"Labor Day 2050: Global Warming And The Coming Collapse Of Labor Productivity"
CREDIT: AP Photo/ Damian Dovarganes
Global warming is projected to have a serious negative impact on labor productivity this century. Here is a look at what we know.
In 2013, a NOAA study projected that “heat-stress related labor capacity losses will double globally by 2050 with a warming climate.” If we stay near our current greenhouse gas emissions pathway, then we face a potential 50 percent drop in labor capacity in peak months by century’s end.
Many recent studies project a collapse in labor productivity from business-as-usual carbon emissions and warming, with a cost to society that may well exceed that of all other costs of climate change combined. And, as one expert reviewing recent studies put it, “national output in several [non-agricultural] industries seemed to decline with temperature in a nonlinear way, declining more rapidly at very high daily temperatures.”
Here is the key chart from a 2010 Ziven-Neidell paper for the National Bureau of Economic Research, “Temperature and the Allocation of Time: Implications for Climate Change.” It plots “the number of minutes in a day that individuals (who work in outdoor or temperature-exposed sectors in the USA) spent working as a function of maximum temperature (in Fahrenheit) that day.”
Productivity starts to nose-dive at 90°F and falls off the cliff at 100°F.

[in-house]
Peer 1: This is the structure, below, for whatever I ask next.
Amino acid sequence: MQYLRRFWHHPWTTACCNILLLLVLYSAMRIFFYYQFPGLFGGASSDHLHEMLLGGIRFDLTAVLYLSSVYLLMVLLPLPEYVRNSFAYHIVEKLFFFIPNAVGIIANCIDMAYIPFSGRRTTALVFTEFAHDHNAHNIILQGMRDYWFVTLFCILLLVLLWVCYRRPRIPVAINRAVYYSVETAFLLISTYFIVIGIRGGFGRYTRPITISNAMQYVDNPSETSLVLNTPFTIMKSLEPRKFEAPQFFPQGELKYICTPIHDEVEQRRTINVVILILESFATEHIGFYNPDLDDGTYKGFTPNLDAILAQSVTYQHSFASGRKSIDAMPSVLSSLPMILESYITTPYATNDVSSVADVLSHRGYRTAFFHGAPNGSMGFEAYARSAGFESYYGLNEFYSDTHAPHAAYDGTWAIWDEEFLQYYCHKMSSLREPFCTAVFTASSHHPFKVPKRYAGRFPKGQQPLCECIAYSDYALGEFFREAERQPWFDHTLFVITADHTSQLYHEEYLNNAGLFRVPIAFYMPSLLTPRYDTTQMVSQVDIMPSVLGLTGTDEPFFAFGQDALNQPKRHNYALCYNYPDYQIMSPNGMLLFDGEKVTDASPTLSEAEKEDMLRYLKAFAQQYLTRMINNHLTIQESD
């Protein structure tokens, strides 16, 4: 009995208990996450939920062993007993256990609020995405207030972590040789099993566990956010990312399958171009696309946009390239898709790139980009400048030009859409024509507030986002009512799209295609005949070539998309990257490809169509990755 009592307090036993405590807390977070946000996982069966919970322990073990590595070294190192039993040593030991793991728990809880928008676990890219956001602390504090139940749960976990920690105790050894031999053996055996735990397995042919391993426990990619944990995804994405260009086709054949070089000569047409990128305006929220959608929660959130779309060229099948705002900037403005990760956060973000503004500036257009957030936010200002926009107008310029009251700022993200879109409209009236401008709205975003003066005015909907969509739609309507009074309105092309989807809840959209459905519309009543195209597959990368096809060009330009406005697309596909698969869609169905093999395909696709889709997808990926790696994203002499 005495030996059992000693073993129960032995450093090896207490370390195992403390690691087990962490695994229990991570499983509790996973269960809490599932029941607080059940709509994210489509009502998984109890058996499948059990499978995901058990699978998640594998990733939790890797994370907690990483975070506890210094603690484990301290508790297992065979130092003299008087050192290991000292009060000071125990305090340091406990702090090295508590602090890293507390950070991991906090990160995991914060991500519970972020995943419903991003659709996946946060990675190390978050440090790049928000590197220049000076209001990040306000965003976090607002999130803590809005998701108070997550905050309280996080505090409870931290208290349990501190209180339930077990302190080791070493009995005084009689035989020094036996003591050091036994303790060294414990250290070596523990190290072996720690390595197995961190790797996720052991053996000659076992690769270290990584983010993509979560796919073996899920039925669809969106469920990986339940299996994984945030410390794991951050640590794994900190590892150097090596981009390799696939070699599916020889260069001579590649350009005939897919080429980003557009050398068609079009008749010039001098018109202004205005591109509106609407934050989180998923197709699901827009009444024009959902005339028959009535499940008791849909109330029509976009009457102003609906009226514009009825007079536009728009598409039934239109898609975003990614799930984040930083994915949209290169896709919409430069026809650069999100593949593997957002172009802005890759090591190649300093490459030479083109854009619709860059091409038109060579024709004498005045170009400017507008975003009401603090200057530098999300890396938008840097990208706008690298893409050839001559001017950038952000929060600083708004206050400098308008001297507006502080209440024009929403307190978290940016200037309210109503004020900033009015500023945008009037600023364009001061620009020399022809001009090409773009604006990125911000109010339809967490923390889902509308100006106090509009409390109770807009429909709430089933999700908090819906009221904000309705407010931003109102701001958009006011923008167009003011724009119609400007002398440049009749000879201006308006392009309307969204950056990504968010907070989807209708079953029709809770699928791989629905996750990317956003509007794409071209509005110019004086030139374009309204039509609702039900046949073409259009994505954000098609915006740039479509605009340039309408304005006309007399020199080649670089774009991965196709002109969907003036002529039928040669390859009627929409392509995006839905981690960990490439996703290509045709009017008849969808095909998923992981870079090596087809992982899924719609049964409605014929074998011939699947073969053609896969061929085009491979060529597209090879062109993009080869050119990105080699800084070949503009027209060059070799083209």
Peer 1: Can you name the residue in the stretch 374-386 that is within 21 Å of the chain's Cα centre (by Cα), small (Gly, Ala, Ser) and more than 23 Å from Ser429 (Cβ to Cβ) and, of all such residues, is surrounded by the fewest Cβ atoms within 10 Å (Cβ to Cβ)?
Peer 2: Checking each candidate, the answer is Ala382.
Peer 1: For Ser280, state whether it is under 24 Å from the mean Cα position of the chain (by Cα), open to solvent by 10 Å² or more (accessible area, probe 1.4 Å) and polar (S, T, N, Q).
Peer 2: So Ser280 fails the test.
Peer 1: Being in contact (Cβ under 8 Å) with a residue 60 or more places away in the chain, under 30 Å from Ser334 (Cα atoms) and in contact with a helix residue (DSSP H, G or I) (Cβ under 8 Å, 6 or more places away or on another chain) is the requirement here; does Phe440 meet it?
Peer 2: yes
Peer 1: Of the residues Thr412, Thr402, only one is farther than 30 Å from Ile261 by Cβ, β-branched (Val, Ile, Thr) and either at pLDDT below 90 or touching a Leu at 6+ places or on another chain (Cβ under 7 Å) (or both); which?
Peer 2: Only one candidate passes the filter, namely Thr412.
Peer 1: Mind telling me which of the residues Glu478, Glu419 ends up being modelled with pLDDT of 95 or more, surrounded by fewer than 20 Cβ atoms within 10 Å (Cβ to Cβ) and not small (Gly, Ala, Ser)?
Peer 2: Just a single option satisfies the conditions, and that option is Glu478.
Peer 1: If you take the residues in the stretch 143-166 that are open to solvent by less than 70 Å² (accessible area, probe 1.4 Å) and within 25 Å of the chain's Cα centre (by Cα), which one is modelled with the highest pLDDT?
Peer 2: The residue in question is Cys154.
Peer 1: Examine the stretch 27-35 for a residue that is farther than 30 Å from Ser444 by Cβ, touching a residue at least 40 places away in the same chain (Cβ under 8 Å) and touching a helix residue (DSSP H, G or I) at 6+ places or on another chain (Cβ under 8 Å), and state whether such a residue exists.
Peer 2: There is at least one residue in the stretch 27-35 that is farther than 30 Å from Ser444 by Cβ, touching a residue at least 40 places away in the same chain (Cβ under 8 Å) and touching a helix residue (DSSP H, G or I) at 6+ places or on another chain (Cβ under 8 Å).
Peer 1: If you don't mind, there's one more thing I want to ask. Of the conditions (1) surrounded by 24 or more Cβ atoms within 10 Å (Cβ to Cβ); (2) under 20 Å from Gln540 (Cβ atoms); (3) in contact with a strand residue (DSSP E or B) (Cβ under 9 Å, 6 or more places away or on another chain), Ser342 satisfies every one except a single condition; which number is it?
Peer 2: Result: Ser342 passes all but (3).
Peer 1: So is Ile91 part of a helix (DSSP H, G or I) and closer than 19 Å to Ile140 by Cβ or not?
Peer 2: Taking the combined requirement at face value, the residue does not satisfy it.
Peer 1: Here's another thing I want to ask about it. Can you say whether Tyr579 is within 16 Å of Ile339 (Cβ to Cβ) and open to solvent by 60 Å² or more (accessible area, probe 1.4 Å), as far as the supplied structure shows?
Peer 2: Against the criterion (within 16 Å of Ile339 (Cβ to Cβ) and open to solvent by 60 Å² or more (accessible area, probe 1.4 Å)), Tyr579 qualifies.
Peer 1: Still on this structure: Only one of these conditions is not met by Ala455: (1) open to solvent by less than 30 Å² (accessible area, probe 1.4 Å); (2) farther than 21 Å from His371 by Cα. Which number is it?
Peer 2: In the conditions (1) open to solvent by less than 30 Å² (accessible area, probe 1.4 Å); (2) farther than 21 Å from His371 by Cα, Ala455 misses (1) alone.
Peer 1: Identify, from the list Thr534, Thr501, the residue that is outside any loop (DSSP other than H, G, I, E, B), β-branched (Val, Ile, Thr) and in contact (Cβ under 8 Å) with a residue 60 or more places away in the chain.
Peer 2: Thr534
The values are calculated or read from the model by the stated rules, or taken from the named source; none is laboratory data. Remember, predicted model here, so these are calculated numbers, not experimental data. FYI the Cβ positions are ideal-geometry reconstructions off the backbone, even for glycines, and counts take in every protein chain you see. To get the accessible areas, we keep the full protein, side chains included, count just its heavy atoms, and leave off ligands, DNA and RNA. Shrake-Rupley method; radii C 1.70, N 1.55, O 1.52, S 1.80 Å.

As for the cumulative impact, here’s a key figure from the 2013 NOAA study, “Reductions in labour capacity from heat stress under climate warming.”
If carbon pollution remains unrestricted, we are risking catastrophic drops in labor productivity.
Andrew Gelman, director of the Applied Statistics Center at Columbia University, summed up the research this way in a 2012 post: “2% per degree Celsius … the magic number for how worker productivity responds to warm/hot temperatures.” The negative impact appears to start at about 26°C (79°F).
This loss of productivity is by no means the most life-threatening of climate impacts when compared to, say, Dust-Bowlification and its impact on food security. But it is one of the most important unmodeled climate impacts that makes the likely cost of climate change far higher than standard economic models suggest.
If we stay anywhere near our current path of carbon pollution emissions, then as we move towards the middle of the century, a larger and larger fraction of our summertimes will be intolerable outside.
In a 2011 post, “Mother Nature is Just Getting Warmed Up,” I discussed this trend and newly-released research forecasting permanently hotter summers:
The tropics and much of the Northern Hemisphere are likely to experience an irreversible rise in summer temperatures within the next 20 to 60 years if atmospheric greenhouse gas concentrations continue to increase, according to a new climate study by Stanford University scientists…
“According to our projections, large areas of the globe are likely to warm up so quickly that, by the middle of this century, even the coolest summers will be hotter than the hottest summers of the past 50 years,” said the study’s lead author, Noah Diffenbaugh.